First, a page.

No one prepares you for these things! How is it that these sweet babies grow so quickly?

Even experienced parents will experience some anxieties about transitioning to a new grade, but what happens when you are moving to a whole new LEVEL of school? I’m breaking down some pointers for my IEP parents to remember as our kids grow and transition to a new school, new team and next step in education.

Keep in mind, this is not an all inclusive list and your school SHOULD be supporting you through this. However, as an IEP parent myself, I can tell you that there will be things the school didn’t tell you, that you wished you would have known. Don’t leave it all up to the school to get your child prepared because YOU know what your child needs at every stage. You are the most consistent member of the IEP team and your input matters.

Here are a few tips…

Typically, at the end of the year, there will be some sort of transition meeting. Even if you have already had your annual IEP meeting, an end of year meeting can be helpful to meet the new team and make sure the IEP is set up to support your child in the next environment.  The team members may change prior to school starting, but meeting some of them will allow you to ask questions that the preschool team just doesn’t know.

This is also a good time to discuss and finalize any placement decisions. You can ask to tour the suggested placement and other placements too! Touring multiple placements allows you to determine what is right, and what isn’t a great fit for your student.

Questions to ask:

  • Do we know who my child’s teacher will be? Why are we choosing that person for my child?
  • Is there a time to tour?
  • Is there a social story with pictures of the new building?
    • Social stories at this age are GREAT tools to help with the transition! Use real pictures and include some things to expect. “At my current school, my teacher is someone I can trust. At my new school, my new teacher will be there to help me too.”Here is what my classroom might look like.BONUS: Add pictures of preferred toys/ activities to get them excited. You can always create a social story, but the school can help with that too.
  • What needs to change in the IEP?
  • Are related services increased because the day is increased?
  • Will those services still be pushed in or will they change?
  • What will placement be like? Who will my child’s peers be?
  • What is the approximate class size?
  • Will there be an additional staff/ aide in addition to the teacher?
  • When will my child have access to general education curriculum and peers?
  • Will transportation change? If the bus is new, will there be a practice run or at least a time to check out the bus?
  • Who will inform the new staff about my child’s IEP? Will I be able to speak with the teacher prior to school?
  • If I have a concern, who is my main contact?
  • How often will I get communication about my child’s day? (If you need more, ask for it!)
  • What is the daily schedule? Can they share it with you ahead of time?
  • Are there cubbies or lockers?
  • What are arrival and dismissal routines? Does your child need a visual?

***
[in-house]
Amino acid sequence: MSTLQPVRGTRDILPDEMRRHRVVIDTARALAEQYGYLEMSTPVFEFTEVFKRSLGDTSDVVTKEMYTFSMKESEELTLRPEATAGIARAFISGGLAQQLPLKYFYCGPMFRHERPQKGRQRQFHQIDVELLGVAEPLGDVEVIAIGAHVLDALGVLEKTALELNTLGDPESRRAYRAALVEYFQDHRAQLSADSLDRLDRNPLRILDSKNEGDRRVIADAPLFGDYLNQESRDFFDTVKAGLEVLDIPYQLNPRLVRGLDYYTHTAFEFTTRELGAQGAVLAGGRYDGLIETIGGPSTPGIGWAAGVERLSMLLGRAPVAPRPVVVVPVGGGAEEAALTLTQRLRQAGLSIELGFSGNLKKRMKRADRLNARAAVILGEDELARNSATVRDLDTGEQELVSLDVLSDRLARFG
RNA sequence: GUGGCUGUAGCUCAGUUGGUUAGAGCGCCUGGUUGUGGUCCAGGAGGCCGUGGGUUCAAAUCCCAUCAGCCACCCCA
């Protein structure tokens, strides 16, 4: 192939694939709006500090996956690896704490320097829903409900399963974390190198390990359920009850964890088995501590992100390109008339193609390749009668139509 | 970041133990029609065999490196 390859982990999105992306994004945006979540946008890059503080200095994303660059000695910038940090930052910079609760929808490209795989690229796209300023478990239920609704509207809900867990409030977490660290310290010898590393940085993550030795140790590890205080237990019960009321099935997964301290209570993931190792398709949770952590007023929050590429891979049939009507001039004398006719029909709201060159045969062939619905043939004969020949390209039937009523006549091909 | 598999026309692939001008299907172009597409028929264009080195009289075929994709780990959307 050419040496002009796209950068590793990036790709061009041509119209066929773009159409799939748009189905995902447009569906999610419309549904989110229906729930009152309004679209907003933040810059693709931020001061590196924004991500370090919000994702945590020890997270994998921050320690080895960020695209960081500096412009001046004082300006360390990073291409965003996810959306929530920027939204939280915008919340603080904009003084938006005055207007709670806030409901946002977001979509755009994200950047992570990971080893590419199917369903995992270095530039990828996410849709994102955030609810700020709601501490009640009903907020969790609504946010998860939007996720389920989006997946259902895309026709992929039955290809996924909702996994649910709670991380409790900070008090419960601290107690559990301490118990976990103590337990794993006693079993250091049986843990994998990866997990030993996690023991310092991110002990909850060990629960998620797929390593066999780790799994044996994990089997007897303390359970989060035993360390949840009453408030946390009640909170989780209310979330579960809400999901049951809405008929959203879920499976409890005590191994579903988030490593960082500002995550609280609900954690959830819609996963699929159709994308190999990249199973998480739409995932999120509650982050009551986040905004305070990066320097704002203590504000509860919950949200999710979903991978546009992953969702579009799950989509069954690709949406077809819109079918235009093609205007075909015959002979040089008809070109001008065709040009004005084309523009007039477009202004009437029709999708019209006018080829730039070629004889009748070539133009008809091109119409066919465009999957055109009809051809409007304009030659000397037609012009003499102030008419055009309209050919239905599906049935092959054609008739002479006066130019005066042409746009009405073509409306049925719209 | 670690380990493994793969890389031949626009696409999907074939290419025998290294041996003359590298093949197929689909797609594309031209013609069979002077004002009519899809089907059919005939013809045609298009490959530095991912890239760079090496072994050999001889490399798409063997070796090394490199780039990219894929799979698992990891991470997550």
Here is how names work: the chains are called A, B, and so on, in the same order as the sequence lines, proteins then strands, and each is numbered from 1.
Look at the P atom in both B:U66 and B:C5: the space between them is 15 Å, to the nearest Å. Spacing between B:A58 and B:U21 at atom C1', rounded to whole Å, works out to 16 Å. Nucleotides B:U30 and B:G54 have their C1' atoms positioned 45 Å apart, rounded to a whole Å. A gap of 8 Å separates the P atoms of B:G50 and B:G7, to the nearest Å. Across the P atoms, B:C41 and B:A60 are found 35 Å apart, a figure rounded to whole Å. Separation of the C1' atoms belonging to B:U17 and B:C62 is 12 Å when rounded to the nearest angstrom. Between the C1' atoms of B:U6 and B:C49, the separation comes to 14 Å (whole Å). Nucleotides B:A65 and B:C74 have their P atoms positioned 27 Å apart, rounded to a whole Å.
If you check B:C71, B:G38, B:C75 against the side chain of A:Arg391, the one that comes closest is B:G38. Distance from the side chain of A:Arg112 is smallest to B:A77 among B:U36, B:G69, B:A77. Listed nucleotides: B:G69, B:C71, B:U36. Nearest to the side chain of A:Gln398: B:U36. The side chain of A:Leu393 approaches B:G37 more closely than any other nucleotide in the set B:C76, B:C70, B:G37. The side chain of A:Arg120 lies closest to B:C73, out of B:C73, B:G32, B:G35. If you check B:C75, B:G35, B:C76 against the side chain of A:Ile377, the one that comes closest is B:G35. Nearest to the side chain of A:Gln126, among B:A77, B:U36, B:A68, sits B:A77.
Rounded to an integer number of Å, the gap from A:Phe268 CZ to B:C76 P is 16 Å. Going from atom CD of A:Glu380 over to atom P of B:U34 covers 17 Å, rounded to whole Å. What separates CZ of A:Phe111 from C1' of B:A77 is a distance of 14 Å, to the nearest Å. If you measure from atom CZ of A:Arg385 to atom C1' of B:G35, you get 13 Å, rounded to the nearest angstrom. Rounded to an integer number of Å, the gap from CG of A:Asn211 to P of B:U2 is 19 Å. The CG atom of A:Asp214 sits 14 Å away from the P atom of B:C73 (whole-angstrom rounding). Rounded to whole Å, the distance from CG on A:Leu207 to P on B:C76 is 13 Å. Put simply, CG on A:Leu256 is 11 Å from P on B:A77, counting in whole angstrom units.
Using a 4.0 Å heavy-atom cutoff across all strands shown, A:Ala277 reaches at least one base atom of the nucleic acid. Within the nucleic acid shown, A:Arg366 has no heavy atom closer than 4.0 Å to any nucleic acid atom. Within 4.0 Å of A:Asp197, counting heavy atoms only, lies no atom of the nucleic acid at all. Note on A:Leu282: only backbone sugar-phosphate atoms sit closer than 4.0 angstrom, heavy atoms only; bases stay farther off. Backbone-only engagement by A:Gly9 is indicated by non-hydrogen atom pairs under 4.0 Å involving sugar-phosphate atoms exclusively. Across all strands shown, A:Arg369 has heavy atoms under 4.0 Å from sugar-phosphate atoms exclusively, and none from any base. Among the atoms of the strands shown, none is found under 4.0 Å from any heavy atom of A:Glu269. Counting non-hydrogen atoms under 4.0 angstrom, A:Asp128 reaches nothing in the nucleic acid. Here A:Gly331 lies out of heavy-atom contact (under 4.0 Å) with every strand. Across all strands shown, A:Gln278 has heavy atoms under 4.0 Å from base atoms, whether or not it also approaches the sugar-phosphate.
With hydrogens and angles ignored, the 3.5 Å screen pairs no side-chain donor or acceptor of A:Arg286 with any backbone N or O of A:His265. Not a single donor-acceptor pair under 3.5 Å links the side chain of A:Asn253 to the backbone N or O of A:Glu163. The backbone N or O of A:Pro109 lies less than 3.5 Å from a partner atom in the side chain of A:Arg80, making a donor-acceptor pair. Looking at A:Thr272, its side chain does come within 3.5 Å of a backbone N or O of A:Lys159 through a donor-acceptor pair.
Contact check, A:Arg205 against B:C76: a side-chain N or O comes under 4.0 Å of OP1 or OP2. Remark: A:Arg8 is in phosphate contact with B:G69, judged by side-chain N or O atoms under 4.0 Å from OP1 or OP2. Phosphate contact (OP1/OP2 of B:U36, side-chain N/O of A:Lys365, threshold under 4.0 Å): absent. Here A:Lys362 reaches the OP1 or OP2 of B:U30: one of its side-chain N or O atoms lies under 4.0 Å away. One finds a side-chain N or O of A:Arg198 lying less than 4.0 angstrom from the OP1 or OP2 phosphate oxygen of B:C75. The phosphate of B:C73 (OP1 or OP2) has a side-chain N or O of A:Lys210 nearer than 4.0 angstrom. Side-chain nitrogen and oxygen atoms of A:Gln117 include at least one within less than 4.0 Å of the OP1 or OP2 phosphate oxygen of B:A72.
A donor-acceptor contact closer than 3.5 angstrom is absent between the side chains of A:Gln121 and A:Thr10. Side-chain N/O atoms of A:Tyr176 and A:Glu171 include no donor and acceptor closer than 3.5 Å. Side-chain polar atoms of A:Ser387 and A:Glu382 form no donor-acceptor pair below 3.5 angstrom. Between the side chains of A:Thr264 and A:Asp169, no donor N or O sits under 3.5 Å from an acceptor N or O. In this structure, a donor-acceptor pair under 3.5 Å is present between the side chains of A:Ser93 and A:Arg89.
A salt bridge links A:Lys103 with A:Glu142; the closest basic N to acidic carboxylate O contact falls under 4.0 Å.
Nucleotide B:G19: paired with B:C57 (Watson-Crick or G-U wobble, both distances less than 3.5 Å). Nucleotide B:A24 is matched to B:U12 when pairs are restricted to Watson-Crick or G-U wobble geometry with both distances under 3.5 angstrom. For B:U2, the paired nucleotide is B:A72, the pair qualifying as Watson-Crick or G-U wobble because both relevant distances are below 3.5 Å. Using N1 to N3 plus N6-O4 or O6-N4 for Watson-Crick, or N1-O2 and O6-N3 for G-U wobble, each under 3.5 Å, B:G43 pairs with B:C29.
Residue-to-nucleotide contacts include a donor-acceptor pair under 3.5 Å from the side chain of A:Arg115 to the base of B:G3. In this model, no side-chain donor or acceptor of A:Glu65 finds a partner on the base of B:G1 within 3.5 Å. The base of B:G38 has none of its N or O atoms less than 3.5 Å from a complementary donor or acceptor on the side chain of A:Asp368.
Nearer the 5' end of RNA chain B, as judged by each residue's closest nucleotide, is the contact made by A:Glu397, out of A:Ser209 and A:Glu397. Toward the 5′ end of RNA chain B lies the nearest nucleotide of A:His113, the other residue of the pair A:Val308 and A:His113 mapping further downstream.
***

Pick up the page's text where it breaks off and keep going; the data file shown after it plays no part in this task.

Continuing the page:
• Does my child need a Behavior plan? How will that be updated in the new setting?
  • Is the playground accessible? Who will be supervising and how many?
  • What about “specials”? (music, art, PE, stem etc)
  • Do you have food allergies to make the school aware of? How is that handled at lunch?
  • Will medication be needed during the day?

Things to do at home:

  • Drive by the school and talk about where the bus is, check out the playground, walk around outside. Most kids will need this more than once. But getting them familiar with what to expect can ease some anxieties.
  • Read the social story over the summer, especially when school gets ready to start.
  • Practice with eating lunch. Lunch can be a stressful time because it’s usually much shorter at school than at home. Practice eating out of the lunch box, opening packages, packing everything up and try to keep to the school schedule.
  • Practice self help skills. Pulling up and down pants, zipping coats, hanging back packs, packing back packs etc. These things are more independent skills and may be more difficult for some students. If your child is unable to do these things, what accommodations are needed to support them?
  • Prepare an All About Me page to share with the new team. Include strengths and motivators, things to look out for, what happens when things get hard, how does your child learn best, what do you need from the teacher and new team etc.
  • Get your paperwork organized. Here is a binder organizer to help you get started.

Don’t be afraid to ask for a second opinion!

Many parents are overwhelmed with the IEP process and adding in a big transition like Kindergarten can make things even more overwhelming. There will always be something you wish you would have done, but asking the right questions can be helpful to prepare. If your child can’t do some of the things above, or you know they will struggle with transitions, routines, expectations etc, ask for accommodations to support your child. You don’t have to know what to ask for necessarily if you know what the problem is. You can even ask for a meeting at the beginning of the year to discuss the IEP and ensure that everything is appropriate. Don’t be afraid to ask the questions you need to.

Take a deep breath! It’s going to be a great year.

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